And have a wish not satisfied,
And laugh, though not a house to shelter,
And turn from thoughts of other days,
When peace was all,
And wife would not command,
And plenty was around,
With messengers then sent to Manga-tapere,
And thoughts mistook what living was,
And mystified and led astray,
And limbs were all drawn up.
'Tis the last, the one behind,
Asking for breath, and close,
Rush on the regret, to those
At the west, where the
Sound of the sinker of the net is heard,
Longing for the uttered word of command.
Oh! give me the sight of the fair skin,
And the head to look at,
Though lean be the jaw
So gently touched in fleeing
To the west, where the oil
Of birds is found in the scrub.
Put such on thy head,
O spirit of light of day!
A halo is seen on thy head,
page 158 As messenger to thy wife
And to thy people.
Lift thy head, raise it high,
Lift it o'er the hills, and
See those of thy host
Upon the ocean-shore;
But go thou in the light of day,
And pass the god of war,
And let him undeceive thee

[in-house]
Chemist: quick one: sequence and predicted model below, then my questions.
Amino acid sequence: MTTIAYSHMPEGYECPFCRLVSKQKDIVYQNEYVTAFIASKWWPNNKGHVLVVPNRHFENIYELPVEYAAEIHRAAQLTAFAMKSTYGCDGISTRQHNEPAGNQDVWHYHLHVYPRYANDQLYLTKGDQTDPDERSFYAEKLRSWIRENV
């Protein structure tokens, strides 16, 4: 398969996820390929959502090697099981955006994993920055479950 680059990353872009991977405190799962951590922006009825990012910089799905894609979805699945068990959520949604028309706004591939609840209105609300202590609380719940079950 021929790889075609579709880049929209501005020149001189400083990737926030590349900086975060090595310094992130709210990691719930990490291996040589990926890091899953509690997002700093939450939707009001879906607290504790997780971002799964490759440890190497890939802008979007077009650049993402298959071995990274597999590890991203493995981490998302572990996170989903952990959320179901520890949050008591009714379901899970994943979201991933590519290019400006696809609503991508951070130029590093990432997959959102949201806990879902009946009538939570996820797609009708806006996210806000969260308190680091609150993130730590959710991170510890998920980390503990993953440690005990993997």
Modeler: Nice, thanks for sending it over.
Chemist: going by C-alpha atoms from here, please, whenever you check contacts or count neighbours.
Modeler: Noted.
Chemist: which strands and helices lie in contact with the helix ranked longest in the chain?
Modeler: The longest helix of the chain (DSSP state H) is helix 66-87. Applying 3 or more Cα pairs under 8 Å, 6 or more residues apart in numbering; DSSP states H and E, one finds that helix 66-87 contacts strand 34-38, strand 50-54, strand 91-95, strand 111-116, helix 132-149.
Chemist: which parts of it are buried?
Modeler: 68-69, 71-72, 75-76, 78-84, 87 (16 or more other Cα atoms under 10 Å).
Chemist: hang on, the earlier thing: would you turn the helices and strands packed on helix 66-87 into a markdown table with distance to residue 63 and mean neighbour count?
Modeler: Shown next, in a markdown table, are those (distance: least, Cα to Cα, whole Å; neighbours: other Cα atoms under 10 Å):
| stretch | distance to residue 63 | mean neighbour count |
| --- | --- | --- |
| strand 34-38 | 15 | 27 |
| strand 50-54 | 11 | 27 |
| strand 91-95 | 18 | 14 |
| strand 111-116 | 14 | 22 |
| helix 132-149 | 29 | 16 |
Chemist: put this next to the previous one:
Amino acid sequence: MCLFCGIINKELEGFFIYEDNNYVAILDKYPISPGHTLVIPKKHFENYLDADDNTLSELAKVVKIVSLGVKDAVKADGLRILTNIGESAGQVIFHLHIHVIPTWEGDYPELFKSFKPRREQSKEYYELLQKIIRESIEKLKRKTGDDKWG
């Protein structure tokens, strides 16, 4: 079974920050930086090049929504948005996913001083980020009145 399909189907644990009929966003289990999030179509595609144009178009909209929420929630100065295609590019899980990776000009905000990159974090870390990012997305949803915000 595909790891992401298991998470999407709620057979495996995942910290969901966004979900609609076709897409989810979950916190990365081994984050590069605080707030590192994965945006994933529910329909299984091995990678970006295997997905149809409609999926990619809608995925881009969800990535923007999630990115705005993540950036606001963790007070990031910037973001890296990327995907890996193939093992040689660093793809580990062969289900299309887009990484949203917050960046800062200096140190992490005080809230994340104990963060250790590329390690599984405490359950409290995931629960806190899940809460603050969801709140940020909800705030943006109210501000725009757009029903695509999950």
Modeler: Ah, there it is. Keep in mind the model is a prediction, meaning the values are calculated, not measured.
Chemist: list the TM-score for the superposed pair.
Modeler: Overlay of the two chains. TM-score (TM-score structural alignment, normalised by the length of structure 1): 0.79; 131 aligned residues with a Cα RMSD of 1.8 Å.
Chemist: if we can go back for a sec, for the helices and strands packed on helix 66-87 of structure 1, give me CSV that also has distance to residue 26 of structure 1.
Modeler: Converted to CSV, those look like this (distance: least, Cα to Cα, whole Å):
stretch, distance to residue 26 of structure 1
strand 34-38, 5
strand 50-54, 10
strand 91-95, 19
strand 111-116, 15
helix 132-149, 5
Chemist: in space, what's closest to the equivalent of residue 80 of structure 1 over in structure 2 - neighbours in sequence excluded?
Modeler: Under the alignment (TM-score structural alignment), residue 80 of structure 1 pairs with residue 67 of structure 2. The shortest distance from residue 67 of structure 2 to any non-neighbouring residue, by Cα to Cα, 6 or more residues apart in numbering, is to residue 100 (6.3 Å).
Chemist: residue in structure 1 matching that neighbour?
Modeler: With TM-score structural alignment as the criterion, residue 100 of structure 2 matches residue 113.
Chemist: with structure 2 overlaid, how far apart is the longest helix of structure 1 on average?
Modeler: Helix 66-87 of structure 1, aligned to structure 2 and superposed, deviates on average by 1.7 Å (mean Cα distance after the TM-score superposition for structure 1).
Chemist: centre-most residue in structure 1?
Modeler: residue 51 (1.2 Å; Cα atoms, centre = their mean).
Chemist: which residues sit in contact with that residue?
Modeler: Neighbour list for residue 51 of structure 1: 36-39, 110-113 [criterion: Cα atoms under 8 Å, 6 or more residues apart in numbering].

And tell thy spirit lies.
Go, pursue, and stand on Puke-tawai.
'Tis there the battle rages,
And where sleeps not
The enemy of peace.
The tail of the darkest bird
Is far inland, where sits
The heap of evil, and
Dares not meet his parent.
And 'tis at Puke-kumukumu,
Where the big and little ducks
Live, and are scratched by
The leaves and twigs of the fern.
Let the south wind blow,
Let the wind be fierce.
These come from where
Thou art watching now.
Go to the north for it,
At the water of Mata-tini (many faces),
Which babbles in vain, and says,
“Arise; it shines for nought,
And babbles a fiction
To extended space.”
But, O my son!
It babbles not for nought.
'Tis war in battle fierce,
As a northern cloud
Let loose, and drifting on
In blackness and bursting.
Drown the shriek of
Lips that utter grief,
Of Pohea (the blind), though he escape
And feel a glow of gladness.
Yes, he may escape, and live
Like the titi (Procellari cooki)
In its burrow, or the
Hakoakoa (Puffinus gavius)